Chemistry Department

The Major

Through a variety of individual courses and sequential programs, the department provides an opportunity for students to explore the nature and significance of chemistry, an area of important achievement in our quest for knowledge about ourselves and the world around us. The student of chemistry is able to become aware of the special viewpoint of chemists, the general nature of chemical investigation, some of its important results, how these results are expressed, and something of their significance within the fields of science and in the area of human endeavor as a whole.

A major in chemistry can be achieved in several ways, preferably beginning in the student’s first year at Williams, but also beginning in the sophomore year. Building on a foundation in general chemistry, organic chemistry, and physical chemistry, a student elects additional advanced courses to complete a major that is consistent with his or her background in other sciences, interests, and goals. A student’s program might emphasize biochemistry, organic chemistry, or physical chemistry, with additional courses available in analytical chemistry, inorganic chemistry, and materials science. Students considering a major in chemistry should consult with a member of the department as early as possible in order to plan a program which best suits their interests and abilities and which makes full use of their previous preparation.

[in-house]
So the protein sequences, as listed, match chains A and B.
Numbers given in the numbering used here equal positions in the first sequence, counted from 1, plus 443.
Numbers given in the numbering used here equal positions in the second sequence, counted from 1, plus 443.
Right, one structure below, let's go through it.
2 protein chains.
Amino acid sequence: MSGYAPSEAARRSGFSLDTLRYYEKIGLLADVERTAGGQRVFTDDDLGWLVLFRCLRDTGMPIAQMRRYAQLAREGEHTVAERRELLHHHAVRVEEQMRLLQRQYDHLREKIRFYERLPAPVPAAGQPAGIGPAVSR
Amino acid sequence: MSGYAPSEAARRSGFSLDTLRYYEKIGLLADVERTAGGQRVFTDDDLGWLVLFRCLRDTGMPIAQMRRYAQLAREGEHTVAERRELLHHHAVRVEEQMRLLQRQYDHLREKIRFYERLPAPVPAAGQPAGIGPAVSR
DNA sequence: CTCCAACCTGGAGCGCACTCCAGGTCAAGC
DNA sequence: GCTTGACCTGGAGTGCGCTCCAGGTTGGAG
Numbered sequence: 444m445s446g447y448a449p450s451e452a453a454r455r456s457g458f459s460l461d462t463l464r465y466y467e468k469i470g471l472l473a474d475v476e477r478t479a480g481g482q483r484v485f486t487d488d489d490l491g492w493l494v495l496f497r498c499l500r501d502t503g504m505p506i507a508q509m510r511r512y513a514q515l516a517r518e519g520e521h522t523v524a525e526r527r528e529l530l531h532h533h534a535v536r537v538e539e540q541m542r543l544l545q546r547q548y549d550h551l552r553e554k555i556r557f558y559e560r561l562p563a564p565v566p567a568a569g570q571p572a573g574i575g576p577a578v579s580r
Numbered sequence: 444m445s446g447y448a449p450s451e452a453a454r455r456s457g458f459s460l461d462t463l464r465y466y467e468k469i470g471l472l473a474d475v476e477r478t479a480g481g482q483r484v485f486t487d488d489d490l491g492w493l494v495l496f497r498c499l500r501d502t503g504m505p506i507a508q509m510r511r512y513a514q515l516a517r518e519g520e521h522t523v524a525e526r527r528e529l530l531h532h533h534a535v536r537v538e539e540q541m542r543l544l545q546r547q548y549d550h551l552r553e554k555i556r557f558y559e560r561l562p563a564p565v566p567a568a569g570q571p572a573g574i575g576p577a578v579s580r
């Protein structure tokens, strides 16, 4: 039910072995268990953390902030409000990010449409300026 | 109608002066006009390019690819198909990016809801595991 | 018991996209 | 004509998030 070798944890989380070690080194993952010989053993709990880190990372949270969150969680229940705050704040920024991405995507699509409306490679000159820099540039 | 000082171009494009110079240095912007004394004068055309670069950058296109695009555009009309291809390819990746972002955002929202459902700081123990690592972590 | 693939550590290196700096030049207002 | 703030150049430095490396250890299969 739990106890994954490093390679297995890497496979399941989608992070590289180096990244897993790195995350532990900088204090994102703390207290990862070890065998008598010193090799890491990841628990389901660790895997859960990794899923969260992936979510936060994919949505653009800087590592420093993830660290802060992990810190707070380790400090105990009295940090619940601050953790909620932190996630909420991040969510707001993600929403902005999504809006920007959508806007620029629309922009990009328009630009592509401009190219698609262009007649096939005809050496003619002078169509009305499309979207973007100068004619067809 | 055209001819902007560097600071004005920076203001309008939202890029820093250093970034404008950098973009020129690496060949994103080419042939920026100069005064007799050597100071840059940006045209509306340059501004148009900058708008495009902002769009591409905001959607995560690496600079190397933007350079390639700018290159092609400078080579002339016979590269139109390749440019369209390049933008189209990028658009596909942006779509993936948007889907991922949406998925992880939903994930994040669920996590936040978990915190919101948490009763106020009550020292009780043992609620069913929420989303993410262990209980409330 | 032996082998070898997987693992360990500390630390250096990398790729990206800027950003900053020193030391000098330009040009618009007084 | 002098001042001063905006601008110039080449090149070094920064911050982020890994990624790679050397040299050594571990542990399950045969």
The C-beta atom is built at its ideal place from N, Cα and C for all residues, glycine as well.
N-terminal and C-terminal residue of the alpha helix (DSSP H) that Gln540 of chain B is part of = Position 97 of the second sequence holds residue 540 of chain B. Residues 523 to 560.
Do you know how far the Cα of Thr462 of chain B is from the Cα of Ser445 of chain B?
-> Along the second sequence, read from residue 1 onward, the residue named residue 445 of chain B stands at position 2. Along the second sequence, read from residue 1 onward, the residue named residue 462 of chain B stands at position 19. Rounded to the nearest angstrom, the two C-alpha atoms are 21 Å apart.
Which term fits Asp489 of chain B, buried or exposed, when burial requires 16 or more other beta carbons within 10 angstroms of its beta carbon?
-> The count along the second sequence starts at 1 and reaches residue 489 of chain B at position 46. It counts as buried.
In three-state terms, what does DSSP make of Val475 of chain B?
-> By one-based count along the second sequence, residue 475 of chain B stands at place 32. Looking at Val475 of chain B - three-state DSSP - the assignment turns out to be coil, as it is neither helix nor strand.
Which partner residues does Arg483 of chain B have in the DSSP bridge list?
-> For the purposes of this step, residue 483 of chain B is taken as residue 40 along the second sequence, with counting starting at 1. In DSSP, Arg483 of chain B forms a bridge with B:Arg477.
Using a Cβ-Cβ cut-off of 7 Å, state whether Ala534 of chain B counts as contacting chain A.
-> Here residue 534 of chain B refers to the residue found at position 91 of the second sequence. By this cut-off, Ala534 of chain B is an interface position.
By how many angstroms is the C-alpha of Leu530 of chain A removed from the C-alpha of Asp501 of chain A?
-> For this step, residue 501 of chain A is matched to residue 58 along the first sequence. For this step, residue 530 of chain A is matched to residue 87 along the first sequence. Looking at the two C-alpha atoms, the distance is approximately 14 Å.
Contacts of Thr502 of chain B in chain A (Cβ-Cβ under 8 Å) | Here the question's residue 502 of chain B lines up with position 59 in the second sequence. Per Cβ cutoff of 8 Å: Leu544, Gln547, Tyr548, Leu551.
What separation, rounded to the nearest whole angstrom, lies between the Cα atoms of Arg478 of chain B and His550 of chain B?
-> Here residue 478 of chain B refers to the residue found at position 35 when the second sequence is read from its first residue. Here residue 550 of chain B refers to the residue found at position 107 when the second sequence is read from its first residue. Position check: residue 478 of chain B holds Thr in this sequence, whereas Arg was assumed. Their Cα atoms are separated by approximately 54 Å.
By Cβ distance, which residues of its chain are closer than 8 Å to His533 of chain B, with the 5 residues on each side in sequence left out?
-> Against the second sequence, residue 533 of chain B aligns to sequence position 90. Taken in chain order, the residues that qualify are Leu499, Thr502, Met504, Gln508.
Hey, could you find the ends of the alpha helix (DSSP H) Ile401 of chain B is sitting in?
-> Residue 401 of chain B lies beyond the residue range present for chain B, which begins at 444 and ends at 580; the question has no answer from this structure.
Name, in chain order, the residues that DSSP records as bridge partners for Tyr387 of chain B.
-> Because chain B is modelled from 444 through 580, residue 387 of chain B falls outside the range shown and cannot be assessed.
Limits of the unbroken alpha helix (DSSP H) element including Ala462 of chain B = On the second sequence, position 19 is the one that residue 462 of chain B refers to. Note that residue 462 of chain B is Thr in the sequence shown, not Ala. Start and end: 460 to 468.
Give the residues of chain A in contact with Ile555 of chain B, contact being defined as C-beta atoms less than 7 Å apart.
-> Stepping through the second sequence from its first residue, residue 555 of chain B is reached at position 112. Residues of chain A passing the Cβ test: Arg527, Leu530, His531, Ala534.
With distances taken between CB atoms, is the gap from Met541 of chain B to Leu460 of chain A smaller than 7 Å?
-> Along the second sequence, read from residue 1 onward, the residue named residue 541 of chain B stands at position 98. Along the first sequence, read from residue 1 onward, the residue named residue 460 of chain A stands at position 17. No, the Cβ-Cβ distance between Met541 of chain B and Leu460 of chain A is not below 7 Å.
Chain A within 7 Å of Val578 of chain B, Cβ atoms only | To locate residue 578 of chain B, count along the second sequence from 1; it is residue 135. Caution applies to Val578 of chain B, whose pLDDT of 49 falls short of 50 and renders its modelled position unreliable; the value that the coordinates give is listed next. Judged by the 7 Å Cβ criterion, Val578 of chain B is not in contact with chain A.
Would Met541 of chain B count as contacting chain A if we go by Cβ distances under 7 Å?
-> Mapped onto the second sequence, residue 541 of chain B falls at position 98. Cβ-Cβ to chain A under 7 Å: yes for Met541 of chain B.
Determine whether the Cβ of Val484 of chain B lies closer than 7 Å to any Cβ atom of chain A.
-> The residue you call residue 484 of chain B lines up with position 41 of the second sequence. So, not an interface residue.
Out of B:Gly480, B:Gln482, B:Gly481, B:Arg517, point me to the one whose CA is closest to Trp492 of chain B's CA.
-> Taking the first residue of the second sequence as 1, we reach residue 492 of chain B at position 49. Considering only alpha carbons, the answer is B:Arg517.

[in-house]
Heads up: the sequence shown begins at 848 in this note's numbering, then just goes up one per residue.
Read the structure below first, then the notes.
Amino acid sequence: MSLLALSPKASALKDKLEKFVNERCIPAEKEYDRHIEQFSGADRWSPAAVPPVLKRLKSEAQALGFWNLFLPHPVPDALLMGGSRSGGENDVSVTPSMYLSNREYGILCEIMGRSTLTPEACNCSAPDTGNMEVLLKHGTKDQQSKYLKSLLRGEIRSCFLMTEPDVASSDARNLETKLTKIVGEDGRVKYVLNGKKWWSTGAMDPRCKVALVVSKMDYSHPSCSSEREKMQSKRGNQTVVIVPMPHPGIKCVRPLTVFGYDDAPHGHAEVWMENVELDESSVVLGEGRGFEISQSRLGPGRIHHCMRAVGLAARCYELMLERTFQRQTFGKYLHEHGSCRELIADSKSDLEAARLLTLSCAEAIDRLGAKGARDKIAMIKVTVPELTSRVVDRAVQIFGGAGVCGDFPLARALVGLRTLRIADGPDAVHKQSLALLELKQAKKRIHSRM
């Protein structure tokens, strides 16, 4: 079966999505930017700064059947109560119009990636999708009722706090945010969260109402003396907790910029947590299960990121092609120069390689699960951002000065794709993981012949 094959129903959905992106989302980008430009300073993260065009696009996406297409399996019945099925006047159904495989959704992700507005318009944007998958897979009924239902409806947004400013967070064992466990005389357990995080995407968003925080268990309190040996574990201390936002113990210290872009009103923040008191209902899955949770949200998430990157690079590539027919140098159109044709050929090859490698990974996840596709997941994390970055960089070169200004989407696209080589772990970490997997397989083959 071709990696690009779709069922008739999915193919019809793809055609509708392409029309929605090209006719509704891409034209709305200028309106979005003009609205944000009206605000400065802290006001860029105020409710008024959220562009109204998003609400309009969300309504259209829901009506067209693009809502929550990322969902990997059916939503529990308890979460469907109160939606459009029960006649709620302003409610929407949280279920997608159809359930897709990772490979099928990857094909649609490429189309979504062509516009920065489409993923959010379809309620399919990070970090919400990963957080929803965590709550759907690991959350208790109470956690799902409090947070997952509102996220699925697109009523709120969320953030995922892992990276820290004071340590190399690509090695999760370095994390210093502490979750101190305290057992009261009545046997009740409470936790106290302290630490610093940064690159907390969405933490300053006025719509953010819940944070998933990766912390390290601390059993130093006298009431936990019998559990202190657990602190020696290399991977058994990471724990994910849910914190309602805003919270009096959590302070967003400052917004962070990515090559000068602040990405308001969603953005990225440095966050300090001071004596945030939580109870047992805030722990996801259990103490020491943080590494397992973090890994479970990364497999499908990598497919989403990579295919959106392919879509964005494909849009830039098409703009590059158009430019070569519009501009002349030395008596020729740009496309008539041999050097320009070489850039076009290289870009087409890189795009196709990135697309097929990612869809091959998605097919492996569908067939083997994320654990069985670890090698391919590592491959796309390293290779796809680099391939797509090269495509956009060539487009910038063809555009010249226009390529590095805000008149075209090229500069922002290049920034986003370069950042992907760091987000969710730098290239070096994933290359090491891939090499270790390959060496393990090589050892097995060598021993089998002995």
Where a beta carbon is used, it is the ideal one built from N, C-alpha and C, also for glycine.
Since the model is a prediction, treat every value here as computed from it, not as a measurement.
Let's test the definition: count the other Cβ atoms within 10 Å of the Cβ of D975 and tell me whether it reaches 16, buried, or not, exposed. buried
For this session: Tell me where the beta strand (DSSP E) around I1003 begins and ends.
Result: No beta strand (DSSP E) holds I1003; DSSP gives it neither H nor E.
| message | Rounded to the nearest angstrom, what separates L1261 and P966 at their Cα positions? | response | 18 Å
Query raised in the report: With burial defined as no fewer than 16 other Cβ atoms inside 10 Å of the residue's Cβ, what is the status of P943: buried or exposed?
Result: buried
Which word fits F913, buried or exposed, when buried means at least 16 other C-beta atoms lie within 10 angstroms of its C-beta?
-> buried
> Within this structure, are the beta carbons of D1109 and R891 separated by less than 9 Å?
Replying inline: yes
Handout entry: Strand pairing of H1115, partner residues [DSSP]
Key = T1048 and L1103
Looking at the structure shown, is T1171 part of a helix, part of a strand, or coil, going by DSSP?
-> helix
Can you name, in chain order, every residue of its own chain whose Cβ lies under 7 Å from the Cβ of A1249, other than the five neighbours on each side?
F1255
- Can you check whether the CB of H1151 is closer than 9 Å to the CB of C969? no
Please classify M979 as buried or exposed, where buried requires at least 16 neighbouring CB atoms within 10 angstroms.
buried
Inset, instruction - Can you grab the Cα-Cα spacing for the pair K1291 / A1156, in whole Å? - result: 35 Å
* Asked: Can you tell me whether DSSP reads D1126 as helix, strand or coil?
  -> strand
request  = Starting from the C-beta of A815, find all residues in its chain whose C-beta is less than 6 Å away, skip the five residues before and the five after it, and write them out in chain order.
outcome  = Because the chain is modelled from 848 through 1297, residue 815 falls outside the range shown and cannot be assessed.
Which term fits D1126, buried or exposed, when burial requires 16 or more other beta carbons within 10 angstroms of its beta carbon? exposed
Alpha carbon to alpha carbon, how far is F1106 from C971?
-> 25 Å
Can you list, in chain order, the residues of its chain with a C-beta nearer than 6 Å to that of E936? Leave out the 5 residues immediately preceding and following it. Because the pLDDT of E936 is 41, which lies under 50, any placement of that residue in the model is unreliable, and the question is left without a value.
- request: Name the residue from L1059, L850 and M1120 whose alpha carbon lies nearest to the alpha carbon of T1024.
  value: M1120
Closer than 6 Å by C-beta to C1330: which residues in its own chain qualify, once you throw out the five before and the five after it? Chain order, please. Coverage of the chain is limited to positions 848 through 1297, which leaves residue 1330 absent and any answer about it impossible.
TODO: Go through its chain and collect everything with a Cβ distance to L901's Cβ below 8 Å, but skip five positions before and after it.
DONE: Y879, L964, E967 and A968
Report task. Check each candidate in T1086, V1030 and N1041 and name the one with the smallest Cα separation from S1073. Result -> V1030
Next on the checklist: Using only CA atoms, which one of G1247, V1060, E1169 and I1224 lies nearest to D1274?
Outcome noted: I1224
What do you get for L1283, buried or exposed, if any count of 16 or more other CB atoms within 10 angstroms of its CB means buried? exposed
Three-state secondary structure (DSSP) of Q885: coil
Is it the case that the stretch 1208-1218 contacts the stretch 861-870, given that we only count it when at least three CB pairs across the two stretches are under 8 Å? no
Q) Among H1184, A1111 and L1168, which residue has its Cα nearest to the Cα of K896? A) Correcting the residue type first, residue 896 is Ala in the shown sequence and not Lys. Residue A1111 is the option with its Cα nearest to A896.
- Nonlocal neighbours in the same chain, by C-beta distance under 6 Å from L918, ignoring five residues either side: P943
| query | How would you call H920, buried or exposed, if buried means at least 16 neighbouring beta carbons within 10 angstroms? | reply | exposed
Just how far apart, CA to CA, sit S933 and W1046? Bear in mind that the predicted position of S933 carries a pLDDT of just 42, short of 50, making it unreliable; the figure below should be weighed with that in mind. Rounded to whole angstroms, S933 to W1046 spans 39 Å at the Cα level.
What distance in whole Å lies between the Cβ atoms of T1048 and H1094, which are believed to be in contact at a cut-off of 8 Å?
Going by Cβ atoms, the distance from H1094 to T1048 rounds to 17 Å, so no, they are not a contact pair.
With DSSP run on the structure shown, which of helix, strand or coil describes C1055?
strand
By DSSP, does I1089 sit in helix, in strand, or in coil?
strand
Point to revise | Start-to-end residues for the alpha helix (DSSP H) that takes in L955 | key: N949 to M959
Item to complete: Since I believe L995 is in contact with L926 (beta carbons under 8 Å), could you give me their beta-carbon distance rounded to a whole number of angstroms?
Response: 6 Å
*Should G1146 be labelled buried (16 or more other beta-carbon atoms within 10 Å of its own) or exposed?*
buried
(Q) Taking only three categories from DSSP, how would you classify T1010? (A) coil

All students begin their study in the department with either Chemistry 151, 153, or 155. Placement at the introductory level is based upon performance on the departmental placement test results and consultation with the chair; results of the College Board Advanced Placement Test or the International Baccalaureate Exam are also taken into account. The first year is completed with Chemistry 156. In the second year at the introductory level, students take Chemistry 251 (or 255) and Chemistry 256 (those students who complete 155 are exempted from 256). Completion of a Chemistry major requires either nine semester chemistry courses or eight semester chemistry courses plus two approved courses from among the following: Biology 101; Computer Science 134; Mathematics 103, 104, 105, 106; Physics 131, 141; or any courses in these departments for which the approved courses are prerequisites. CHEM 155 counts for two courses toward the major, but a single course toward graduation credit. ┬áStarting at the 300 level, at least three of the courses taken must have a laboratory component, and at least one must be selected from Chemistry 361, 366, 364, or 367. (The specific course elected, in consultation with the chair or major advisor, will depend on the student’s future plans.) In addition, the department has a number of “Independent Research Courses” which, while they do not count toward completion of the major, provide a unique opportunity to pursue an independent research project under the direction of a faculty member.